Sadly, this is often not the reality and the workload is typically increased from 0-100 in a matter of days. The developing and growing horse then may struggle physically with the new demands placed on it, and often, so do the hooves. The common demand, the horse needs to get shoes put on, so it can do the work it is being asked to do.
The person understanding such biological processes, however, implements a developing programme to get the system (horse) sufficiently prepared to be able to safely meet the demands that are place on it.
As far as hoofcare is concerned, this means trimming should start as soon as there are signs that the hooves develop in the wrong direction. Trimming should be sufficiently frequent, so the hooves can develop to a strong and robust hoof.
What if you have a 4-yo that is to be started, that already has hoof problems? This a common reality. A person may have bought a young horse that already has developed hoof problems as a result of the points raised above. In this case, the priority should be to start developing more robust hooves with better integrity as soon as possible. After-all, the hooves are the foundation for anything else to follow. As part of the hoof development, the movement quantity and intensity should gradually be increased. While this helps with the hoof development, it also helps with the development of the rest of the horse, aka connective tissue, bone density, lung and cardio-vascular capacity. Depending on the starting point, it may take a good year before the horse has some good strong hooves. At this point, given the fore mentioned underlying development programme was implemented, your horse should be ready to be started under saddle.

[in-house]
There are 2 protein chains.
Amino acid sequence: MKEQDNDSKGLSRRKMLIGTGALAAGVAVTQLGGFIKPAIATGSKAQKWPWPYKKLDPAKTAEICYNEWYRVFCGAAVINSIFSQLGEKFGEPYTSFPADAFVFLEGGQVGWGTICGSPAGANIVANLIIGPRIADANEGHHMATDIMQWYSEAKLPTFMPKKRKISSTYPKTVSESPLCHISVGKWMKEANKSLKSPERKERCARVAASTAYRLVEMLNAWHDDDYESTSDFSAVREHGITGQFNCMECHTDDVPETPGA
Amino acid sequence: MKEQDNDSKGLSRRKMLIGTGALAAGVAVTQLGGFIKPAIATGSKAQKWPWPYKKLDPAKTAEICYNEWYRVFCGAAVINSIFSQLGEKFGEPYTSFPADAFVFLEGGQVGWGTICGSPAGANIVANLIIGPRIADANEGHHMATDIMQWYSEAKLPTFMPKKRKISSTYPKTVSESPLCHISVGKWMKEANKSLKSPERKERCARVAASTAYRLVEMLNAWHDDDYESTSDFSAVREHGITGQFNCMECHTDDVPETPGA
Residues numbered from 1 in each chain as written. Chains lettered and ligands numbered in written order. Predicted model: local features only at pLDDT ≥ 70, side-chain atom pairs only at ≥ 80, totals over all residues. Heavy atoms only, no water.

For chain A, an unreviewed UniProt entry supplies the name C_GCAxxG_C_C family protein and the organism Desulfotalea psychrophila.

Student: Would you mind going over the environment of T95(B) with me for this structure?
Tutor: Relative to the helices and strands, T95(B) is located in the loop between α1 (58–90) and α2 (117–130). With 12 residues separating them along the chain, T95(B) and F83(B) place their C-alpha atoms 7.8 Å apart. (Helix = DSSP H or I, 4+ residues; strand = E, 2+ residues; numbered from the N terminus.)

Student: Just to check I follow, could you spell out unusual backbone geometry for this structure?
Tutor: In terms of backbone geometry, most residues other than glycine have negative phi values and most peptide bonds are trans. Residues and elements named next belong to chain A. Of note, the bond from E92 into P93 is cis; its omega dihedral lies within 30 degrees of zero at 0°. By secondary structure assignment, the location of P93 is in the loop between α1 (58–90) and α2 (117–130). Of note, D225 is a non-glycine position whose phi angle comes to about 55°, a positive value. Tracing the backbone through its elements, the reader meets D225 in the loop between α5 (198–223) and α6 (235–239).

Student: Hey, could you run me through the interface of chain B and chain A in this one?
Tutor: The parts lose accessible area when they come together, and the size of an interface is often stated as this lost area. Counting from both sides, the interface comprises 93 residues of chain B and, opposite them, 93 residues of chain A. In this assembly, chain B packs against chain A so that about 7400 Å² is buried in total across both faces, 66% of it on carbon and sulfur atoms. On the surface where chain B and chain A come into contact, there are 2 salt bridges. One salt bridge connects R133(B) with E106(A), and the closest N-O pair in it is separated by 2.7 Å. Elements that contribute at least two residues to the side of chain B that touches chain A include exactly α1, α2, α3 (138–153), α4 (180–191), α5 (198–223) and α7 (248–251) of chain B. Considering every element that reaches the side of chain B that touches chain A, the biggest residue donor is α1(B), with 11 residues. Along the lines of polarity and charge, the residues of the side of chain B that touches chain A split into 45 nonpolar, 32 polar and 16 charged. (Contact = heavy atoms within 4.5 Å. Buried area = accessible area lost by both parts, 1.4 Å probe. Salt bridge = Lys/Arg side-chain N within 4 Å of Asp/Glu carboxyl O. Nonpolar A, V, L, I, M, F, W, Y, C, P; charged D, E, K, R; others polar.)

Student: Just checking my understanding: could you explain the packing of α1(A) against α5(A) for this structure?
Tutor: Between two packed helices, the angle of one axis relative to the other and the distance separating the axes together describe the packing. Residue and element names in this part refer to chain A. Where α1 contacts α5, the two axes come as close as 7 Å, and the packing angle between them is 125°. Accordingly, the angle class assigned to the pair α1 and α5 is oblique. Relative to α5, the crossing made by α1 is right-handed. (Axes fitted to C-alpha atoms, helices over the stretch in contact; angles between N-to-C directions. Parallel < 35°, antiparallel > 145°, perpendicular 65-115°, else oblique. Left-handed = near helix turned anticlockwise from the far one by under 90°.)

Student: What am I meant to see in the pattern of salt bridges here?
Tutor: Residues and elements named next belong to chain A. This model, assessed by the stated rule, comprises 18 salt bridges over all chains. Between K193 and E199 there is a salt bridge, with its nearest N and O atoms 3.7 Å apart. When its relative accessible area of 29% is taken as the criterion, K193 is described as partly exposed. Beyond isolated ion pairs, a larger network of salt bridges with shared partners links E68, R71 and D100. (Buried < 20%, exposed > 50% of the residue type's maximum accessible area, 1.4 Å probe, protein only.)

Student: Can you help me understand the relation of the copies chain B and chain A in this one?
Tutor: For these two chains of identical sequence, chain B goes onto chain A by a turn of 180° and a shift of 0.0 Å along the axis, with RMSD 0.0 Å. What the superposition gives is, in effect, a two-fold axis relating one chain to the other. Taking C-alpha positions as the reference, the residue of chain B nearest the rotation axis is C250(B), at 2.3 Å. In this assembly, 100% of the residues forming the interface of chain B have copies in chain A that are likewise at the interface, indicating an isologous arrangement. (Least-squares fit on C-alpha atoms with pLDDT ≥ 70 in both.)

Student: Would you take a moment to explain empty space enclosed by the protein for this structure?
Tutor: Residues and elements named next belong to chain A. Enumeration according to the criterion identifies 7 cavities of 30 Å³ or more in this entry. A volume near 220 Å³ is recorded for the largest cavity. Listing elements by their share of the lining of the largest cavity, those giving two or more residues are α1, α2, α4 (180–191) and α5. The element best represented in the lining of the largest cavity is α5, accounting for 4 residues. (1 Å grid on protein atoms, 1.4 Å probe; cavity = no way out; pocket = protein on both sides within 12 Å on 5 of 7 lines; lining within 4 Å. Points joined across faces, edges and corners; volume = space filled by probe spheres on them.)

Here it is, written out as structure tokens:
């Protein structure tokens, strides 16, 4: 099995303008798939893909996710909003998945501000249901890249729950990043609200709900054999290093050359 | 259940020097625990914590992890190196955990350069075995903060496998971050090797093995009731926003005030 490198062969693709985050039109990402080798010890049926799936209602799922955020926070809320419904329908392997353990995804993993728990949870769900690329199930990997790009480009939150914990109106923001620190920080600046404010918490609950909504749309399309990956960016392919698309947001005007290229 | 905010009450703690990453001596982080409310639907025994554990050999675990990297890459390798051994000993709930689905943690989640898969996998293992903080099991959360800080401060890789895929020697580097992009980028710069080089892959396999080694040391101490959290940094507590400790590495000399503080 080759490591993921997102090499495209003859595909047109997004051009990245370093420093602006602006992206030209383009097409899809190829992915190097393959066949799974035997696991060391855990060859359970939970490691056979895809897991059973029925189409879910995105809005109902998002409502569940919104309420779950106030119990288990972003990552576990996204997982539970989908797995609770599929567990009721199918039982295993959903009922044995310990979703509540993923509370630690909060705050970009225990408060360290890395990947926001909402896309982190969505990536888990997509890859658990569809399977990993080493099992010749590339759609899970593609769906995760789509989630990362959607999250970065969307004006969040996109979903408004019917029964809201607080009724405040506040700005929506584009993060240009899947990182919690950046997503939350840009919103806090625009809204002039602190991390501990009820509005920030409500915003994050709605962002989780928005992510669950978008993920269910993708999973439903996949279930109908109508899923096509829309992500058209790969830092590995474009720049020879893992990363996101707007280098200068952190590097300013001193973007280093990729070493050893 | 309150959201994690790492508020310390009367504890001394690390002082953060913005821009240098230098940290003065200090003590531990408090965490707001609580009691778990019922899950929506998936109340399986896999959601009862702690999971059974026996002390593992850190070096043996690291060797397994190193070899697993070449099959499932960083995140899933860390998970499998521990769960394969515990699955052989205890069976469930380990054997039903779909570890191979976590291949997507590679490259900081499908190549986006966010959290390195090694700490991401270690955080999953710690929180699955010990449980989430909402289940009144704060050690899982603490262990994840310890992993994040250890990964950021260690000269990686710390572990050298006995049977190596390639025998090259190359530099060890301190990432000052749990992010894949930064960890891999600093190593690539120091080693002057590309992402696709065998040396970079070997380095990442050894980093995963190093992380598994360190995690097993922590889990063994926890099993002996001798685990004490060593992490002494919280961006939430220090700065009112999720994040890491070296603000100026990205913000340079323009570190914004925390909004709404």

See the examples below:
This 4-yo has significant coronet distortion, see curved coronet line in the photo on the left. From there you can see how the hoof wall at the side of the hoof tries to grow down straight and then is pushed outward. This type of deformation is referred to as flare. A flared hoof wall no longer maintains a tight laminar connection to the internal structures, but rather is a sign of white line problems and poor integrity of the hoof. Those white line problems may or may not be visible at sole level, depending on how the sole horn is distorted. In other words, it is entirely possible to have white line stretching in the hoof that is hidden by a flared sole covering it up. The circle indicates a bottom-up toe-quarter crack at the exact point where the coronet is pushed upwards. The excess tension in the hoof wall, the result of the hoof deformation, causes the horn tubules to separate from each other at the highest stress point and we see it as a crack.